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Ploughshares – Summer 2017


Volume 43 Number 2

Summer 2017


Jenny Mark

I was delightfully surprised as I delved into this 2017 Summer issue of Ploughshares, a journal filled with fiction and nonfiction stories and essays from a variety of writers. While I recognized the names of several of the authors here, I was also introduced to other writers that I found very interesting.

I was delightfully surprised as I delved into this 2017 Summer issue of Ploughshares, a journal filled with fiction and nonfiction stories and essays from a variety of writers. While I recognized the names of several of the authors here, I was also introduced to other writers that I found very interesting.

Each issue of Ploughshares is guest-edited by a prominent writer, and this current issue was guest-edited by Stewart O’Nan, known for such works as his book Snow Angels, which was adapted to a movie in 2007. In the introduction, he shares that he “chose what seemed the freshest and best to me, the most interesting, the most well done, the Truest” stories he could from the submissions available. I can definitely see that being true after having read the stories presented in this issue.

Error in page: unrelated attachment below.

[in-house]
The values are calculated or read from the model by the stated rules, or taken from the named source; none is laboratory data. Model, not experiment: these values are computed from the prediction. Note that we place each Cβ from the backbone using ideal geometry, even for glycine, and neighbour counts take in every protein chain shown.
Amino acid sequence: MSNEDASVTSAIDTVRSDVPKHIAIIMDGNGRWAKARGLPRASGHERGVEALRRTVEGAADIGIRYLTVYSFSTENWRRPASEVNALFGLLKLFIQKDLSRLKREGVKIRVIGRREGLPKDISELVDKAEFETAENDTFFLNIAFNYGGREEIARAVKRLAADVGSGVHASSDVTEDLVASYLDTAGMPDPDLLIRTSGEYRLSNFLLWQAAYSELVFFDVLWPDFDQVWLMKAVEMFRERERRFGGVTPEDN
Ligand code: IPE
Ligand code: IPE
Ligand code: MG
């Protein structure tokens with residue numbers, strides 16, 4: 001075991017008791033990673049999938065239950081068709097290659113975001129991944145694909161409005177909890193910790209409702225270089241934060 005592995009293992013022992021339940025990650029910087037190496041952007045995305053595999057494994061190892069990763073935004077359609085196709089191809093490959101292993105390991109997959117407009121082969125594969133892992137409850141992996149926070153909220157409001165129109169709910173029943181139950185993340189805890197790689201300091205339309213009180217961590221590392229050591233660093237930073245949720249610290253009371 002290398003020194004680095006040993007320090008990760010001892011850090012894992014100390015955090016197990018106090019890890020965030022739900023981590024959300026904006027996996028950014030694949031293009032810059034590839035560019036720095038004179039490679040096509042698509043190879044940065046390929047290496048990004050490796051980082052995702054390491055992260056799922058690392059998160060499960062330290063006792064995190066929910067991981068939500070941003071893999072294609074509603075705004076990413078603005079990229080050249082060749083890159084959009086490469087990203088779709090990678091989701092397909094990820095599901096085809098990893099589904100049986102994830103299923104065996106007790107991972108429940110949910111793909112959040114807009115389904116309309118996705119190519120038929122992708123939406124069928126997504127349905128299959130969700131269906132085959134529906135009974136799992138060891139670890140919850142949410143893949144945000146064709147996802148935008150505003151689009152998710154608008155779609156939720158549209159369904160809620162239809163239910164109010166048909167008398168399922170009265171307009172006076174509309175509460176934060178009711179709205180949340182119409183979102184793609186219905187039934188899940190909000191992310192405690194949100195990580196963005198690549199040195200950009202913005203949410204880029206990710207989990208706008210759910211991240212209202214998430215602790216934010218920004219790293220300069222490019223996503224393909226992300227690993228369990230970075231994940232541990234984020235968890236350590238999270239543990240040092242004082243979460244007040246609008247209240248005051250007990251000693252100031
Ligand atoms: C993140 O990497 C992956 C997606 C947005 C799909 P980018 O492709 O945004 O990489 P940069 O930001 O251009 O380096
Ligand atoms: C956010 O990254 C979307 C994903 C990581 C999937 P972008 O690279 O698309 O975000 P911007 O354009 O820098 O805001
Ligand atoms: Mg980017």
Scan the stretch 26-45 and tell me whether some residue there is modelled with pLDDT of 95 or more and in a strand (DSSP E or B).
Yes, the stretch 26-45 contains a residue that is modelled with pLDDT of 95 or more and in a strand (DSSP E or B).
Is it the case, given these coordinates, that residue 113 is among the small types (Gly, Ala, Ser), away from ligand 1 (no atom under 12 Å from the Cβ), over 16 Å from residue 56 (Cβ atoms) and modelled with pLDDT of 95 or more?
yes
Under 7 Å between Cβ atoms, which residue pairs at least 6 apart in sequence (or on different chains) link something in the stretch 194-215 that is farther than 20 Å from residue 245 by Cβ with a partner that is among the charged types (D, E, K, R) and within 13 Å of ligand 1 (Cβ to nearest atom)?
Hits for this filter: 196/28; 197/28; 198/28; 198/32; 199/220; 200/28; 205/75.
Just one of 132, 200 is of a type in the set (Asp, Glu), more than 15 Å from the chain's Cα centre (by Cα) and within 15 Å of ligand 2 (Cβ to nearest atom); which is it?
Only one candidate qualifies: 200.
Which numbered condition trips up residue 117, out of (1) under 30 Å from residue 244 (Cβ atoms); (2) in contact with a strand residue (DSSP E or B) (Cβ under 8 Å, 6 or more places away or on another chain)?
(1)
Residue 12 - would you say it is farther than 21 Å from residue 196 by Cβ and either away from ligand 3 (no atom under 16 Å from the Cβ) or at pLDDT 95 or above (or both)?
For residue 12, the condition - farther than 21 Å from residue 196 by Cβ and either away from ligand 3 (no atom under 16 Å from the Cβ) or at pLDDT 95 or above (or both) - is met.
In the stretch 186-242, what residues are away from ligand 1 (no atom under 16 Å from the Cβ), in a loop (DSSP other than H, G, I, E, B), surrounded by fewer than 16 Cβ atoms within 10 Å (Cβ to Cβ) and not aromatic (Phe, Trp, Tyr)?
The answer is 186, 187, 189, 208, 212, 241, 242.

I was practically giddy when I saw that one story in these pages was from a favorite author of mine—Stephen King. Not only was it written by someone whom I believe to be a truly great writer, but it was a different kind of story, something wholly unlike but eerily familiar to his other works. In “Thin Scenery,” we are presented with a story in a play script format, with narration lines identified by speaker and background and actions described in offsets and italic text.